Two leaders at the intersection of health, technology and underserved communities see potential to create tech solutions for health issues facing Latinx youth from immigrant families across the nation.
“For the last couple of years, our organization has been exploring the health impacts of immigration enforcement on children. With half of California children having at least one immigrant parent, the issue has so many implications on economic security, and access to healthcare and social services,” shared Mayra Alvarez, president of The Children’s Partnership.
In a Children’s Partnership survey, 90 percent of healthcare providers reported fear and anxiety among immigrant children they serve—and two-thirds reported immigrant families are afraid to do everyday activities like going to the park or school. “Despite California being a progressive state and an incredible beacon for immigrant communities, there’s still a lot of anxiety and trauma affecting these kids. We have more work to do—and technology can make that happen,” said Alvarez.
That’s where developers come in. Developers can design solutions to help improve health equity for Latinx youth and bridge the gap between traditional healthcare leaders and people in underserved communities.
“Developers are always one step ahead, thinking of the next big thing to help a society. There is no population that is more important for our future than our children—and the immigrant population is growing faster than any other. Across the country, they represent a disproportionate number of our kids. Developers have an opportunity to impact a generation to come.”
Alvarez herself grew up as the daughter of Mexican immigrants in southern California and is grateful for community clinics that provided services to her family. She describes herself as “a health policy advocate and optimist at heart” who believes health is related to every aspect of our lives.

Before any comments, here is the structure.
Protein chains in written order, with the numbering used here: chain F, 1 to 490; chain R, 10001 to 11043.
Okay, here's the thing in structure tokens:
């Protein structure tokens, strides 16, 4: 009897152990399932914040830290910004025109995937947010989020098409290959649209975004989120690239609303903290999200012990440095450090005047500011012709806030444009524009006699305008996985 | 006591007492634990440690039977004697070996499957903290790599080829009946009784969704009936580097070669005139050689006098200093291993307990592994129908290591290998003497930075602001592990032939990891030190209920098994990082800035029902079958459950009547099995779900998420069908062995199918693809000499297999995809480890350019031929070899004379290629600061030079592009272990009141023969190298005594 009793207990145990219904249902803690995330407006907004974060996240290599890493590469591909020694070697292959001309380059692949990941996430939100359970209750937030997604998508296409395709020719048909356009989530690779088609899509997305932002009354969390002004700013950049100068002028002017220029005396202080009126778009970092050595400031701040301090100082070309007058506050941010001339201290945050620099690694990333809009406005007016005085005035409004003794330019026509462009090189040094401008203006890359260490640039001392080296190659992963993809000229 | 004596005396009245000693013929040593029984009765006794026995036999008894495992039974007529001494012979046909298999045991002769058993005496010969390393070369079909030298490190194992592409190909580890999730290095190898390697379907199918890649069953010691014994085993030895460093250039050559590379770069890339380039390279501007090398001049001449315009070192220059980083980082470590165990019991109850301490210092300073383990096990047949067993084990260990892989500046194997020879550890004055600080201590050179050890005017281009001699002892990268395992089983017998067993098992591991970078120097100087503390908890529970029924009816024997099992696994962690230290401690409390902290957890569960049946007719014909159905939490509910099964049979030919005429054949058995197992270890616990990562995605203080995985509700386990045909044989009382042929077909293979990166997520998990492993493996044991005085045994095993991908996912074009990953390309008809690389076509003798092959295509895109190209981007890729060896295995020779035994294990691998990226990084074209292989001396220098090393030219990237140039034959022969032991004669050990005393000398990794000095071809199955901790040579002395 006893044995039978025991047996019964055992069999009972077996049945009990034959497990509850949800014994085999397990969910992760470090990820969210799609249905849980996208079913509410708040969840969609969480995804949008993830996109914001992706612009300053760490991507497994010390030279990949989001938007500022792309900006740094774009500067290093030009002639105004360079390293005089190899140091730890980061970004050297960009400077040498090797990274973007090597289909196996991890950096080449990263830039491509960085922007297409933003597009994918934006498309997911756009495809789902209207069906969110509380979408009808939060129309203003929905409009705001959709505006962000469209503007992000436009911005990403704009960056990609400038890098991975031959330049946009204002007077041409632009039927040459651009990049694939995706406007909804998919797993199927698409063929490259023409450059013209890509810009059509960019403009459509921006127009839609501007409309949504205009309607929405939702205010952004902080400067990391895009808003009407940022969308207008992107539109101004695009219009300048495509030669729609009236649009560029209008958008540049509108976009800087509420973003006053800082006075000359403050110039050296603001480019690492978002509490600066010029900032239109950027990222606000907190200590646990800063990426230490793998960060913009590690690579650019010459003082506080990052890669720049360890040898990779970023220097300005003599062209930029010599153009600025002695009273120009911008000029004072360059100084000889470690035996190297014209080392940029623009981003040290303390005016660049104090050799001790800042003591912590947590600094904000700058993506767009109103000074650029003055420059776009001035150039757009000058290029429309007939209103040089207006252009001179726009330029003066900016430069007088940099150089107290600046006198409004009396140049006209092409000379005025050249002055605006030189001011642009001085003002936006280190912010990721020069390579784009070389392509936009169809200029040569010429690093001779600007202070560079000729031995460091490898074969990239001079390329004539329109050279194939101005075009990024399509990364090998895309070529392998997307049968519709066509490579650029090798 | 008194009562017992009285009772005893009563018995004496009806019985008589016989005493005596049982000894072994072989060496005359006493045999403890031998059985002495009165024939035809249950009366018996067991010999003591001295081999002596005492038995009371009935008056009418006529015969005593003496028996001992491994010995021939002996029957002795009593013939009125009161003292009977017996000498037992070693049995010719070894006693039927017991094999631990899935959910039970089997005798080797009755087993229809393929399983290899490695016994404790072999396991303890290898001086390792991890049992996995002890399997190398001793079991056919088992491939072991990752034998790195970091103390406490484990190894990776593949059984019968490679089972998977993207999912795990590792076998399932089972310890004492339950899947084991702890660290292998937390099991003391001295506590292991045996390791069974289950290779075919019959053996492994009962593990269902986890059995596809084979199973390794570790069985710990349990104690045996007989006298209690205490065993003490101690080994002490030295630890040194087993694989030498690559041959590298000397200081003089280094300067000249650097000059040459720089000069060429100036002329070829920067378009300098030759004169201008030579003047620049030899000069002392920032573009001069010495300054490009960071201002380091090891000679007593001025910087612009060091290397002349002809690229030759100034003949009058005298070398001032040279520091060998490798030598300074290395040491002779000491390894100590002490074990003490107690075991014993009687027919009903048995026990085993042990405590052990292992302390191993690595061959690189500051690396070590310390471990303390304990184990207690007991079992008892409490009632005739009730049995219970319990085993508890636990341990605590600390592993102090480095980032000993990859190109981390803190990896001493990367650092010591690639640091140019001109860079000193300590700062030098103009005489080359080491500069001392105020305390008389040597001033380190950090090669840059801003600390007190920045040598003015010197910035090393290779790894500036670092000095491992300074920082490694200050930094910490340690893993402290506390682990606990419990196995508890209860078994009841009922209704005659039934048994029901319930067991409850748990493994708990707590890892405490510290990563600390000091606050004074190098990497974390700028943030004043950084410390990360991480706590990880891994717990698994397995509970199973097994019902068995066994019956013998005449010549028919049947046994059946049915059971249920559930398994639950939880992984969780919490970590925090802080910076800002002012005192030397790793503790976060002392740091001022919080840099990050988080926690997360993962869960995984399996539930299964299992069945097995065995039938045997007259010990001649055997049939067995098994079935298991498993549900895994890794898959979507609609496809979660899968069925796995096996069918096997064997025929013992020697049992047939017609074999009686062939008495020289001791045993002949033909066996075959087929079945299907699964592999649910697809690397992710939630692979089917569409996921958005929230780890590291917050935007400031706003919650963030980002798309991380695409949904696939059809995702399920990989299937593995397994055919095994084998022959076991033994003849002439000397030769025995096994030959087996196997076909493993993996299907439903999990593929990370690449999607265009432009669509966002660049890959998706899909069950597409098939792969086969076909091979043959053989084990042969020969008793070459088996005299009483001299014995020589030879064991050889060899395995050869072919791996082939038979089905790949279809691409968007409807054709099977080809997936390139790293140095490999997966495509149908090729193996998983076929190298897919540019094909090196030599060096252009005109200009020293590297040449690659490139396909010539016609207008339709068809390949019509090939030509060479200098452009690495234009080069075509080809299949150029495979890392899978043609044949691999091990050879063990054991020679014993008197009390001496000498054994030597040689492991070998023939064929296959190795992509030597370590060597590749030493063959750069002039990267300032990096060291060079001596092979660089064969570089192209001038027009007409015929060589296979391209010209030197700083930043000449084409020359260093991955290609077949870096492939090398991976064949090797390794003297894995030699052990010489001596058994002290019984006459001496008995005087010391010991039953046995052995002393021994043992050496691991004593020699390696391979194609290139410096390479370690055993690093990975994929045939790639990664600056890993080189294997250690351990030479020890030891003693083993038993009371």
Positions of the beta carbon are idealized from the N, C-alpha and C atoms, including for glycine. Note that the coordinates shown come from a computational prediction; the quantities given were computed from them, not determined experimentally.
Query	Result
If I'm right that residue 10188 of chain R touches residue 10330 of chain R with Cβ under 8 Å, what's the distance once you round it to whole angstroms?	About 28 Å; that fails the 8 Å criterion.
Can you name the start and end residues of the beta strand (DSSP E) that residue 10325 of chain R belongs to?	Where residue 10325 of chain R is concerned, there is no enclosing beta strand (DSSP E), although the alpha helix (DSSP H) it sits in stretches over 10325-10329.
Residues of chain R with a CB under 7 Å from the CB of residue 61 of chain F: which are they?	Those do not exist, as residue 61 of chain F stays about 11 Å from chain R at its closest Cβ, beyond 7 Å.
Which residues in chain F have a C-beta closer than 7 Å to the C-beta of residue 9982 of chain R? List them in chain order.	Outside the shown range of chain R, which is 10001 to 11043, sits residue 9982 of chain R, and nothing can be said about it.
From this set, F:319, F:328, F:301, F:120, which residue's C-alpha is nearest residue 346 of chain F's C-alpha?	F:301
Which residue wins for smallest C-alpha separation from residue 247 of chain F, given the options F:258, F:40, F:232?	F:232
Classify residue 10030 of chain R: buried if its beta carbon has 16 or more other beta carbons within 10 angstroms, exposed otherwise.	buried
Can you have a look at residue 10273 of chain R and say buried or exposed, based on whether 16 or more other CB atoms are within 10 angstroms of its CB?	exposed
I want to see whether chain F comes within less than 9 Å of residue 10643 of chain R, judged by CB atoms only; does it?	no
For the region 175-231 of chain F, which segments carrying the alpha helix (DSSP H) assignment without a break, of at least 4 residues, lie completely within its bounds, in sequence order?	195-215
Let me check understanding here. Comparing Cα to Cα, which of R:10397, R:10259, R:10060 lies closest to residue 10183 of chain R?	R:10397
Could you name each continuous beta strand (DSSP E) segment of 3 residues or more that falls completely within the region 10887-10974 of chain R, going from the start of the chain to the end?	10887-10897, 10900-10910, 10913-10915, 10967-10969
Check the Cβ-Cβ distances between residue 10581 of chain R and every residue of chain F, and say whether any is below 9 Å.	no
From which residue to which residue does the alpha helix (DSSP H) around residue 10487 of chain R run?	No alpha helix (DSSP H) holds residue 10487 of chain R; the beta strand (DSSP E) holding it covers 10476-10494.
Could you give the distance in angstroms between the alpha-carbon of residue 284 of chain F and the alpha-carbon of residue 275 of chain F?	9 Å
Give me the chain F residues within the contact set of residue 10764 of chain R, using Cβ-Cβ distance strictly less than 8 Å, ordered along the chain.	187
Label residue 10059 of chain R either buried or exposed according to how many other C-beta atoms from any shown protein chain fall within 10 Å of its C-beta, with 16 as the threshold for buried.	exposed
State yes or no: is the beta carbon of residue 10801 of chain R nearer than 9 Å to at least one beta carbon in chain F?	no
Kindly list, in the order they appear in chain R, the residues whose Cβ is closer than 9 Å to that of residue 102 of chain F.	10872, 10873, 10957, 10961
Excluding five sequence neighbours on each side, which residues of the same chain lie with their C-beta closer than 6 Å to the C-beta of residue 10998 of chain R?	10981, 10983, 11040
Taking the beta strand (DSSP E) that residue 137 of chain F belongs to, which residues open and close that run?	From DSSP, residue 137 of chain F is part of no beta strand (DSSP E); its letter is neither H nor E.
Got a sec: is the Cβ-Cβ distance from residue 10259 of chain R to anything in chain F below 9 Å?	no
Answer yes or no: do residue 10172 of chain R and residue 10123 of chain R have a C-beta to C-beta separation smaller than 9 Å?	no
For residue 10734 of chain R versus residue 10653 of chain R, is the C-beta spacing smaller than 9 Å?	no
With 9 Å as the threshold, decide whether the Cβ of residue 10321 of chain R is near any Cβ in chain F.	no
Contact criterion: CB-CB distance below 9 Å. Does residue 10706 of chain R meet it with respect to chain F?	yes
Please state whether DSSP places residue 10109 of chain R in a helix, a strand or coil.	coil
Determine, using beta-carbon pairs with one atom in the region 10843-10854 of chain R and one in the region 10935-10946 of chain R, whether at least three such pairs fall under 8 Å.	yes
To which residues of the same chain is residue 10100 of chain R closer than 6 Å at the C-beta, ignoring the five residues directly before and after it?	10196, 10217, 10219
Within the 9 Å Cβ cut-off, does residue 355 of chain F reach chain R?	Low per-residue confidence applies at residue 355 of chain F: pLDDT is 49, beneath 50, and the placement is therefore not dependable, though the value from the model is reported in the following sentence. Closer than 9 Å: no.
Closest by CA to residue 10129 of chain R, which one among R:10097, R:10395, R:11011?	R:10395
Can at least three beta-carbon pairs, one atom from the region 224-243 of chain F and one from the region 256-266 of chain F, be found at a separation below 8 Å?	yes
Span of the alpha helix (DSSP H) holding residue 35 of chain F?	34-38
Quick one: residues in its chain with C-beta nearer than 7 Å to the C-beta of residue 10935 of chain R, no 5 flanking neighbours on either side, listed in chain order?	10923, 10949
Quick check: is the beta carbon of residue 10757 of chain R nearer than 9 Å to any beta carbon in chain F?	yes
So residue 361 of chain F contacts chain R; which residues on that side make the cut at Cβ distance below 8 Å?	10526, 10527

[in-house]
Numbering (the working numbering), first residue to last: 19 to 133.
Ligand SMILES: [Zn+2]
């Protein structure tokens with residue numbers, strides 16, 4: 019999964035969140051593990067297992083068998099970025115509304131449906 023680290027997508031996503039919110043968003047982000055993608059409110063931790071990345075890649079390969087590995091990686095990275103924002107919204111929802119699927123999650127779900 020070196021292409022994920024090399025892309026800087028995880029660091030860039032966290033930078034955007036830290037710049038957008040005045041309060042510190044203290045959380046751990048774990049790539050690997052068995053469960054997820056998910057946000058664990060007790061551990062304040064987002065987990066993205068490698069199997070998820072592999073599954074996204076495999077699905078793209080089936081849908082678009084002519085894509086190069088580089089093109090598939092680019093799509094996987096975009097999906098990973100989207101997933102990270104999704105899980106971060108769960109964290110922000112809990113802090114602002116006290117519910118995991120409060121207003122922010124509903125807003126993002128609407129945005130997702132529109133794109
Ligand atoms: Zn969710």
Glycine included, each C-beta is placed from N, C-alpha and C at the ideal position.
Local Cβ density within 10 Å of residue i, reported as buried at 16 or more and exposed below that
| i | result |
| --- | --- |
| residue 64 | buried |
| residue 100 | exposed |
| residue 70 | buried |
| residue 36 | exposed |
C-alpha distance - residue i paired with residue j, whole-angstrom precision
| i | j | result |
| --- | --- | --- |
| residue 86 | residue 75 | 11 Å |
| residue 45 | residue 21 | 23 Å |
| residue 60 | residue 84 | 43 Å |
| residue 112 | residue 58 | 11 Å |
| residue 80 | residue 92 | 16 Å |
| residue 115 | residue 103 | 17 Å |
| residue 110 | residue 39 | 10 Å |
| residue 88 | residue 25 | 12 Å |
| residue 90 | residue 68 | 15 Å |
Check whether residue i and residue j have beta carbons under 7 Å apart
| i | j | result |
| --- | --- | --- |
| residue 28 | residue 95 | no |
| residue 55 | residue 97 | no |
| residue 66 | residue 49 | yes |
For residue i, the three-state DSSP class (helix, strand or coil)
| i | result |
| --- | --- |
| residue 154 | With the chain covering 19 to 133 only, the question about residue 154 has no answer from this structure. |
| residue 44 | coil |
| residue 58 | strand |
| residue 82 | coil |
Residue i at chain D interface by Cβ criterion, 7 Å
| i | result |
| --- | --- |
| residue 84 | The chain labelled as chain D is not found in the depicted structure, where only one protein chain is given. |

Children’s Hospital Los Angeles’s Chief Innovation Officer Omkar Kulkarni, MPH, discusses the health challenges facing Latinx youth and how technology can help.
“Developers are modern-day alchemists,” shared Daniel Turner-Lloveras, MD, a California physician, and founder and president of Salud ConTech. “They can create solutions that not only improve health, but the health of a community. They can change our behaviors and the way we live our daily lives. They can use code to turn a block of digits into something that has an impact on someone’s life.”
Dr. Turner-Lloveras sees solutions for the Latinx community as scalable to underserved minorities throughout the country. “It’s a great time to be in healthcare,” he said. “The pieces of the puzzle are coming together, through developer challenges and through collaboration.”
After his residency at Columbia University, Dr. Turner-Lloveras returned to California and worked in low-income Los Angeles communities. Doing direct patient care for the uninsured, Dr. Turner-Lloveras came to realize that the barriers facing underserved communities are resources, an issue that can be overcome either through politics and health policy—or by maximizing resources already available. He has chosen to focus on maximizing technology in order to increase its value—at less cost.
Asked for an example of how he has seen technology break down health barriers in the Latinx community, he tells a story of a virtual visit with a low-income, uninsured woman. It was a phone call that transformed his view of telehealth.
While talking with the patient, Dr. Turner-Lloveras heard loud banging noises and finally asked what it was. “It’s raining,” she said. “And I’m in my car.” Becoming aware of her setting and asking more questions, he learned she needed housing. He also began to appreciate that via the intimacy of her smartphone camera, he had been invited to experience her reality—and that led to solutions even beyond her healthcare. “We are now finding her housing—since it’s easier to afford a phone than housing.”
Dr. Turner-Lloveras sees telehealth as an untapped potential offering flexibility that keeps people from losing time at work, just as rideshare apps are now removing transportation as a barrier to keeping doctor appointments.
“Technologies that are already available can remove barriers and address social determinants of health. But there’s a lot more work to be done.”
The issue of racism and the inequities people of color face must not be accepted and cannot continue to be ignored.
Originally published March 14, 2019; updated August 26, 2019